Photo: Big Think

Earlier this week, scientists, entrepreneurs, and concerned members of the public got together to discuss the future of cell-based (also called “cultured” and “lab-grown”) meat during a joint meeting put on by the U.S. Department of Agriculture (USDA) and the U.S. Food and Drug Administration (FDA). According to the FDA news release, the meeting was intended to “focus on the potential hazards, oversight considerations, and labeling of cell cultured food products derived from livestock and poultry.”

The FDA held the first meeting on cultured meat back in July, and while it succeeded in starting the conversation around regulation of meat grown outside an animal, not much was concluded. From the people I spoke to who attended the meeting, everyone agreed that something had to be done to regulate this new edible technology, but no one could agree exactly what — or even what to call it.

Watching recordings from the meeting and scanning through Twitter, one topic seemed to be the most divisive, contentious, and downright critical: labeling. It’s where I think that the real stakes (steaks?) are: nomenclature will be a determining factor in consumer perception of this new technology. Here are a few interesting points that came up during the meeting:

Labeling is actually a health concern

“We cell-based food producers do need to use the terms ‘fish’ and ‘meat’,” said Michael Selden, the CEO of cultured seafood company Finless Foods. “If one is allergic to animal-based seafood, that person has a high probability that they’ll be allergic to the seafood made with our technology.”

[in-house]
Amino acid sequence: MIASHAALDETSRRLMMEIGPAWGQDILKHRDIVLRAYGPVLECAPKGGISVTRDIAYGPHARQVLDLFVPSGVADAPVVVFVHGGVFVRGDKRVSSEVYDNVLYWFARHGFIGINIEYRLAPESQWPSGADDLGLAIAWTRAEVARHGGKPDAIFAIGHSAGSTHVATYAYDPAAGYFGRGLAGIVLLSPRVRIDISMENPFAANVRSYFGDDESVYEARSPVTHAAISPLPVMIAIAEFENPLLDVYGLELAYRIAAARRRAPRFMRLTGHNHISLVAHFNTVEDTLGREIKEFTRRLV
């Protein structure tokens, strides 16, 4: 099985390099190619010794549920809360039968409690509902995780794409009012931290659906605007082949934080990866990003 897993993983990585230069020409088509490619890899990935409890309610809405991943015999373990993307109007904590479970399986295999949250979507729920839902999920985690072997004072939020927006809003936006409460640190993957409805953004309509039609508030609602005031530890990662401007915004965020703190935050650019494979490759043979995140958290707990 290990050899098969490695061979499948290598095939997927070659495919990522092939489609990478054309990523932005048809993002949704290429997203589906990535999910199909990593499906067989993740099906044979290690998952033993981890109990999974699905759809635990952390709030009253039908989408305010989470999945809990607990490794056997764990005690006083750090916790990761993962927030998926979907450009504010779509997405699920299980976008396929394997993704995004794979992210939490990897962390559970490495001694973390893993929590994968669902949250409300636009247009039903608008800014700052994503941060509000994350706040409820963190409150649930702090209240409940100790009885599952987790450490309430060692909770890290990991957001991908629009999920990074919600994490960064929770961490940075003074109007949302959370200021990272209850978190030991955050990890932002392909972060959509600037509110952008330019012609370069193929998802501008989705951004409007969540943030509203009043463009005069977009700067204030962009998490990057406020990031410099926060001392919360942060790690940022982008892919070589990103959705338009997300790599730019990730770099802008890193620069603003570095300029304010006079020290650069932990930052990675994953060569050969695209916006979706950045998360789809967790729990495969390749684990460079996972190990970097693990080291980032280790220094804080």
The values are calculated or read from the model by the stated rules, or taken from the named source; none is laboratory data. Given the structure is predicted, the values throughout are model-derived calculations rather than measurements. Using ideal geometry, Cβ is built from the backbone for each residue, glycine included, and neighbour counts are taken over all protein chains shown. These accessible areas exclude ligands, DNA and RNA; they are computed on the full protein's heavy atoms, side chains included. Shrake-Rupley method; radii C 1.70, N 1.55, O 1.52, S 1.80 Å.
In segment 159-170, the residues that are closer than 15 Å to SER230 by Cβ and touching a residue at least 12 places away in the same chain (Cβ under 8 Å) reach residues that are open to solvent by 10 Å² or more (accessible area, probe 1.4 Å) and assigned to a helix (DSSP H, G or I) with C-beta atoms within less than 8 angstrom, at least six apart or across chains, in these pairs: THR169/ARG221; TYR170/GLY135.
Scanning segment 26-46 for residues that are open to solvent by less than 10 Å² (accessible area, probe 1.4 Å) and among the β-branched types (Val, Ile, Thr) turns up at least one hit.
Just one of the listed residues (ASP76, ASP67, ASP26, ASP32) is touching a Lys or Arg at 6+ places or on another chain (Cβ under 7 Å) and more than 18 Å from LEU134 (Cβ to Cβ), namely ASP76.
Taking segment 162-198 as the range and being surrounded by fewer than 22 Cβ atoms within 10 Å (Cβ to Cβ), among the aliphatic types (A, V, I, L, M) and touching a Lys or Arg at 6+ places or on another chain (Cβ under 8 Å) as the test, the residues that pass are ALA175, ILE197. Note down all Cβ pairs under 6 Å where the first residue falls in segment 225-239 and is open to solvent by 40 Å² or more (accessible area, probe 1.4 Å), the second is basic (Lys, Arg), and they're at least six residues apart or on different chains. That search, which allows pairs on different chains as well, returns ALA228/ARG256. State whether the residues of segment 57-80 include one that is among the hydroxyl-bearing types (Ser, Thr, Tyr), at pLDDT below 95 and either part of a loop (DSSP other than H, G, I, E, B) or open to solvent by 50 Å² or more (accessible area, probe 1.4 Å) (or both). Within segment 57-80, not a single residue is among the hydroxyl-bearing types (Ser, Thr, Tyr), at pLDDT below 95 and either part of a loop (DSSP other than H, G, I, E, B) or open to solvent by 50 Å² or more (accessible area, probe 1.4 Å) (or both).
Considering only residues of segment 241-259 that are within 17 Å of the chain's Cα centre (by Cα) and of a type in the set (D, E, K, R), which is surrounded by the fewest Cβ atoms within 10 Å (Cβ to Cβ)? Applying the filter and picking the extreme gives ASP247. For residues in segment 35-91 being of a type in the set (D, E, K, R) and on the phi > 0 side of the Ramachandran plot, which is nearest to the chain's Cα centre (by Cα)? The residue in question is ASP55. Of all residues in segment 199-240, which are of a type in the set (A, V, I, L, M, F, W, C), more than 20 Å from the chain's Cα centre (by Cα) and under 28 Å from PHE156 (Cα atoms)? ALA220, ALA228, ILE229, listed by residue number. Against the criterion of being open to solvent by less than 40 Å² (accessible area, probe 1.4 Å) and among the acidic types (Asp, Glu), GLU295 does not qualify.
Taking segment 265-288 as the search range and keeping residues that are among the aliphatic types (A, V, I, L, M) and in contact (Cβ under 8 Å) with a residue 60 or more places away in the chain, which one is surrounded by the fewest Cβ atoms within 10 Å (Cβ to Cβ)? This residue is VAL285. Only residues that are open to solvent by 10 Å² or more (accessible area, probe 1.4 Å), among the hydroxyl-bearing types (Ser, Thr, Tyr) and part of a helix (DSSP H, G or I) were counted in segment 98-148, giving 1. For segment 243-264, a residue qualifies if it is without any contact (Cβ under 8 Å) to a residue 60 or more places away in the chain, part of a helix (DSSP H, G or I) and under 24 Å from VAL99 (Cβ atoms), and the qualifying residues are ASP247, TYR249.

His company is working to create fish meat that is identical, on a cellular level, to traditional fish. If they succeed, labeling cultured salmon something like “cell-based artificial salmon product,” consumers with a life-threatening allergy to salmon might not realize that it posed just as big a threat.

Given, not all that many consumers are allergic to meat and seafood. But it’s still an important point: cultured meat is meat on a molecular level.

Photo: Flickr, by Adactio

Should labeling address how the product is made?

“It’s clear that consumers care about the way that their food is produced,” said Liz Holt of the Animal Legal Defense Fund. If cultured meat is required to disclose all the substances that went into it, should traditional meat be held to the same standards?

As of now, meat companies can choose whether or not to display information about the animal’s life and diet, such as “grass-fed” or “free-range.” They don’t have to disclose what the animal ate, or where it was raised.

Some consumers might not want to know exactly what type of life the cow in their bargain ground beef had before making its way onto their plate. Specht’s point shows that more information is generally good — but sometimes the consumer doesn’t want or need it.

Cell-based meat wants its own labels

Both sides of the table agreed on one thing: cultured meat should be labeled differently than traditional meat. Cultured meat startups want to indicate to the consumer that their product is meat, but is also different than meat from a slaughtered animal.

Peter Licari, CTO of JUST, said that there should be a regulatory nomenclature that “sufficiently differentiates cell-cultured products from traditional meat products but appropriately acknowledges these products as meat.”

What exactly that elusive final term will be — one that effectively communicates both that the product is meat, but not meat from a slaughtered animal — isn’t clear. But companies and regulatory bodies need to figure it out pretty quickly. JUST is still planning to be the first company to bring cultured meat to market by the end of this year, and Finless Foods will launch its cell-based tuna in 2019. By 2021 Mosa Meats and Memphis Meats will join them.

Isha Datar of New Harvest said it best, speaking at the meeting: “This is not just a product, but a new paradigm for food production.” Now the FDA and USDA need to figure out what to call it.

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